While they see the city around them improving when it comes to infrastructure, they chafe at the power of young men, some of whom they studied with, who have spent their lives cultivating party leaders. Mitra says at his college, he is always under pressure to allow cheating. "We pray that we don’t get exam duty. If we catch someone cheating we are told let them go, he’s from the union or she knows this MLA. If we don’t we could get humiliated on the street."
Ghosh remembers a neighbourhood dada who had joined Trinamool. One day on his way to tuition Ghosh saw red stains on the street. When he came home he realized that the dada had been hacked to death. Party infighting, he was told. A few years ago a young boy going to his grandfather’s funeral died when he was struck by a stray bullet. A man protesting someone making obscene remarks at a woman was beaten by hoodlums. “Within six months they were out on bail and driving cars,” says Ghosh. “But no one is talking about security. I would say 7 of the top 10 issues here are about security.”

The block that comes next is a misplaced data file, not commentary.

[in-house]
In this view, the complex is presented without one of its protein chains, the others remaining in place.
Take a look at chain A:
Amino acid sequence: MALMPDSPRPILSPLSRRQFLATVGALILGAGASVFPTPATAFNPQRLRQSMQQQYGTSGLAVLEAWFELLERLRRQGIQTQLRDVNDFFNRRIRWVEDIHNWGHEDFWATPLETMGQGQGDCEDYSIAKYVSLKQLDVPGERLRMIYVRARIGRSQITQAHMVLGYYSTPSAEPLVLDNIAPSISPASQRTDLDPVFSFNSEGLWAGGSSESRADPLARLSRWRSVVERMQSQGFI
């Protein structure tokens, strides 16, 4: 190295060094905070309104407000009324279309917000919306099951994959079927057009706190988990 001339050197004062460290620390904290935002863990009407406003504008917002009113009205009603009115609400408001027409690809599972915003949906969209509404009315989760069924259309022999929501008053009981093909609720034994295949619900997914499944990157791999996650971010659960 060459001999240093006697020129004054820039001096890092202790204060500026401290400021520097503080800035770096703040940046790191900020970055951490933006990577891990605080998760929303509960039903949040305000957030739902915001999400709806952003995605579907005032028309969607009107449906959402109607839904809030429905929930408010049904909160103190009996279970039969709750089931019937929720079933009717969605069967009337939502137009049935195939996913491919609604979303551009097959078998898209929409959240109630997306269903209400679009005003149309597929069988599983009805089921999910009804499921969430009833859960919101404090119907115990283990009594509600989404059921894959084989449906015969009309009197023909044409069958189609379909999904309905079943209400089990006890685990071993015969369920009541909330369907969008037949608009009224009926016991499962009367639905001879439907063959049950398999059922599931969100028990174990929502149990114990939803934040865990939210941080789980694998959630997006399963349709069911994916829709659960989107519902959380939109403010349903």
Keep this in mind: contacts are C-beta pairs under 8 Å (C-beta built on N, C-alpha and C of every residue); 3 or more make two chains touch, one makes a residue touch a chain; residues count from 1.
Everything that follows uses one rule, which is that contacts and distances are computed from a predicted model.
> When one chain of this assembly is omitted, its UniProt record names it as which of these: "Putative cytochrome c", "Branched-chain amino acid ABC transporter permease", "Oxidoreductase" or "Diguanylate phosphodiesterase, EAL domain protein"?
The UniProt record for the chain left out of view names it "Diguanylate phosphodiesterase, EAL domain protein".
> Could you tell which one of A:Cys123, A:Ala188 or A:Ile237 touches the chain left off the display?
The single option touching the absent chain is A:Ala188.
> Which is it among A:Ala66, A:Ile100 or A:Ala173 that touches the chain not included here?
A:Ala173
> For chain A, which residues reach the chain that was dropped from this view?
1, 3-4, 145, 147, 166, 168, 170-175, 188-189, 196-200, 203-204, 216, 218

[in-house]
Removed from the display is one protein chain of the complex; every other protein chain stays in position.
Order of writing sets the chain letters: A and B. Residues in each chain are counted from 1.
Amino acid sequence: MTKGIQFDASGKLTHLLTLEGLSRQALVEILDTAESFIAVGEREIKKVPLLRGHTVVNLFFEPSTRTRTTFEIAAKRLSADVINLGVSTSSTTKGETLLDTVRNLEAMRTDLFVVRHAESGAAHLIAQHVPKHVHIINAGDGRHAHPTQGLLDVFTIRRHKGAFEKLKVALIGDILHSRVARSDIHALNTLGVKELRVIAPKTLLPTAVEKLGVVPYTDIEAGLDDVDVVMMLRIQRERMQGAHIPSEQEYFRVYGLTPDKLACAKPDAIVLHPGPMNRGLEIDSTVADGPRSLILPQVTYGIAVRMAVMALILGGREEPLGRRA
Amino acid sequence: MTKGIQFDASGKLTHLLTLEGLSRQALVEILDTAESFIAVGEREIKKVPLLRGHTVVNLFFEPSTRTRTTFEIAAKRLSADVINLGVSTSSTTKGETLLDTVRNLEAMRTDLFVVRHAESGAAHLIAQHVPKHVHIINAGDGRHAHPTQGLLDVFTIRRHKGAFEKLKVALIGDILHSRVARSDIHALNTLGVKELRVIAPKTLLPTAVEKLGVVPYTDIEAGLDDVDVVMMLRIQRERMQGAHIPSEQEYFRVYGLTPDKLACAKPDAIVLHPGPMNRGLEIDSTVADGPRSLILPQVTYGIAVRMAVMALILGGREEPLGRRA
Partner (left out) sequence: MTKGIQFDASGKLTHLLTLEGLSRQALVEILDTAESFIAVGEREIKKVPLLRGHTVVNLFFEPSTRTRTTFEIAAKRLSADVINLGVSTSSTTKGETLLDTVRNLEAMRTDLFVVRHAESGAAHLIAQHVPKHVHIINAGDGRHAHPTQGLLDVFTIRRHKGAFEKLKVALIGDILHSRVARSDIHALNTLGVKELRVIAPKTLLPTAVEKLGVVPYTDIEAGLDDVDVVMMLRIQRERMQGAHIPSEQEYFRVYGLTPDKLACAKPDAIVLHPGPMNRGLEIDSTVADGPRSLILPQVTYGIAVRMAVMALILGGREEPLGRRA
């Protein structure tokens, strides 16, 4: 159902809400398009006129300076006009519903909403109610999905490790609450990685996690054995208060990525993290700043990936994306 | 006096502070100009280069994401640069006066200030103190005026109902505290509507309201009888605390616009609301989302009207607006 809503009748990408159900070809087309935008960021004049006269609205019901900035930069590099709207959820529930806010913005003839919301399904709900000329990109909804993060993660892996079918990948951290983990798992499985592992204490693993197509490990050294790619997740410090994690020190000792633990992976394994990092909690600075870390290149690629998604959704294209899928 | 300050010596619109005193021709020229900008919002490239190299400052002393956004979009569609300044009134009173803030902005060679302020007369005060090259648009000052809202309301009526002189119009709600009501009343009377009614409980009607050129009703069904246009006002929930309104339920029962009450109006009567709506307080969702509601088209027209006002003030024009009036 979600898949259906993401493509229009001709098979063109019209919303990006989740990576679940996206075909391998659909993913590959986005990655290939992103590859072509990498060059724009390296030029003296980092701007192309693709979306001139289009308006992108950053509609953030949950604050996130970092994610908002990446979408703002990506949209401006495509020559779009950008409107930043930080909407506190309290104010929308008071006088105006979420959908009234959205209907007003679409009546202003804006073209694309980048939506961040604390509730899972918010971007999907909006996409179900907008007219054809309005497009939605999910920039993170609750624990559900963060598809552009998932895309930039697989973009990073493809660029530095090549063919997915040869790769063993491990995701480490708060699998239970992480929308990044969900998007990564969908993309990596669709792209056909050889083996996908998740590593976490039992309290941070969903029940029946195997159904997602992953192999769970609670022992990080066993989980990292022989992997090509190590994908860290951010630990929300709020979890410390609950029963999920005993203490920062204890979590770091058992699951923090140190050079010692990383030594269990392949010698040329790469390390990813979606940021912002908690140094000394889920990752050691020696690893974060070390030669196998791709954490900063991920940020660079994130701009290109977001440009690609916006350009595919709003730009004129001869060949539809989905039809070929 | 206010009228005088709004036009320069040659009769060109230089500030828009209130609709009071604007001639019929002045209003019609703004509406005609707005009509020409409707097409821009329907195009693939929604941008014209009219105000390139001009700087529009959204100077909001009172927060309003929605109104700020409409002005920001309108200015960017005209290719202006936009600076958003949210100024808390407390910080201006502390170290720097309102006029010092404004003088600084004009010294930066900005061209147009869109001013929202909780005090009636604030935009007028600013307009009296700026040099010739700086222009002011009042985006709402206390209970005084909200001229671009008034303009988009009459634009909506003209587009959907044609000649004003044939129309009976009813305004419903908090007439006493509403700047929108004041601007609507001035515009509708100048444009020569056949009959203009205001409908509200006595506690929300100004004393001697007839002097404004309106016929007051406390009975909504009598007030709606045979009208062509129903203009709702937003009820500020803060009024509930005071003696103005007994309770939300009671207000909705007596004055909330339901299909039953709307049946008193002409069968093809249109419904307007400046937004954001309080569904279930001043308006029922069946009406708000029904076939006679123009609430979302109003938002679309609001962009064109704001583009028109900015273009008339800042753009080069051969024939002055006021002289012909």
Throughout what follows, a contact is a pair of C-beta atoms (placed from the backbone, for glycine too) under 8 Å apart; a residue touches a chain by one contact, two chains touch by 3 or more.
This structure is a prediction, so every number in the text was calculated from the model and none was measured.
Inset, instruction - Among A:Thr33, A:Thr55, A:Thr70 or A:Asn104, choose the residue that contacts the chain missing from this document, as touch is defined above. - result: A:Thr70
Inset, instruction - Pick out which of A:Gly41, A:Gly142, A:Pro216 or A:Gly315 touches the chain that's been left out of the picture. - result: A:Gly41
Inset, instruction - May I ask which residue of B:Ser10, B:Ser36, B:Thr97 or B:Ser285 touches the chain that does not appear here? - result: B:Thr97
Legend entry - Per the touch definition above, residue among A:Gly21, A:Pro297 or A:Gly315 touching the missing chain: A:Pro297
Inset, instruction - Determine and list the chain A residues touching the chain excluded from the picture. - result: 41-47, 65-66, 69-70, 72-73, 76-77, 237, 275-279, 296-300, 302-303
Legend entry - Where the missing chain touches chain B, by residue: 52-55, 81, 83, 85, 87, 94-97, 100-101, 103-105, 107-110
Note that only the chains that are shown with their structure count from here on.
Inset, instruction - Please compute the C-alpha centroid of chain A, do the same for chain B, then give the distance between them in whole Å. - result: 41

The fight for Krishnanagar has been fierce. Amit Shah called TMC a party of tushtikaran (appeasement), mafia and chitfund scam. Tapas Paul, the incumbent MP was mired in the Rose Valley scam.
While a wall opposite the Kali temple shows graffiti for all three parties in companionable proximity, the campaign has not been as decorous. BJP district president, Mahadev Sarkar was barred from campaigning for 48 hours for offensive personal remarks about Moitra at a meeting. At the end of the campaign, the BJP candidate former footballer Kalyan Chaubey’s team puts out a WhatsApp message complaining about Trinamool’s "campaign of terror”. "After being liberated from the Red scourge, Bengalis must fight and give a befitting reply to the blue-white terror and light the spark of the revolution." Chaubey whose posters say he is blessed by former union minister Satyabrata Mookherjee or Jolubabu as the locals call him is hoping to wrest the seat from Trinamool.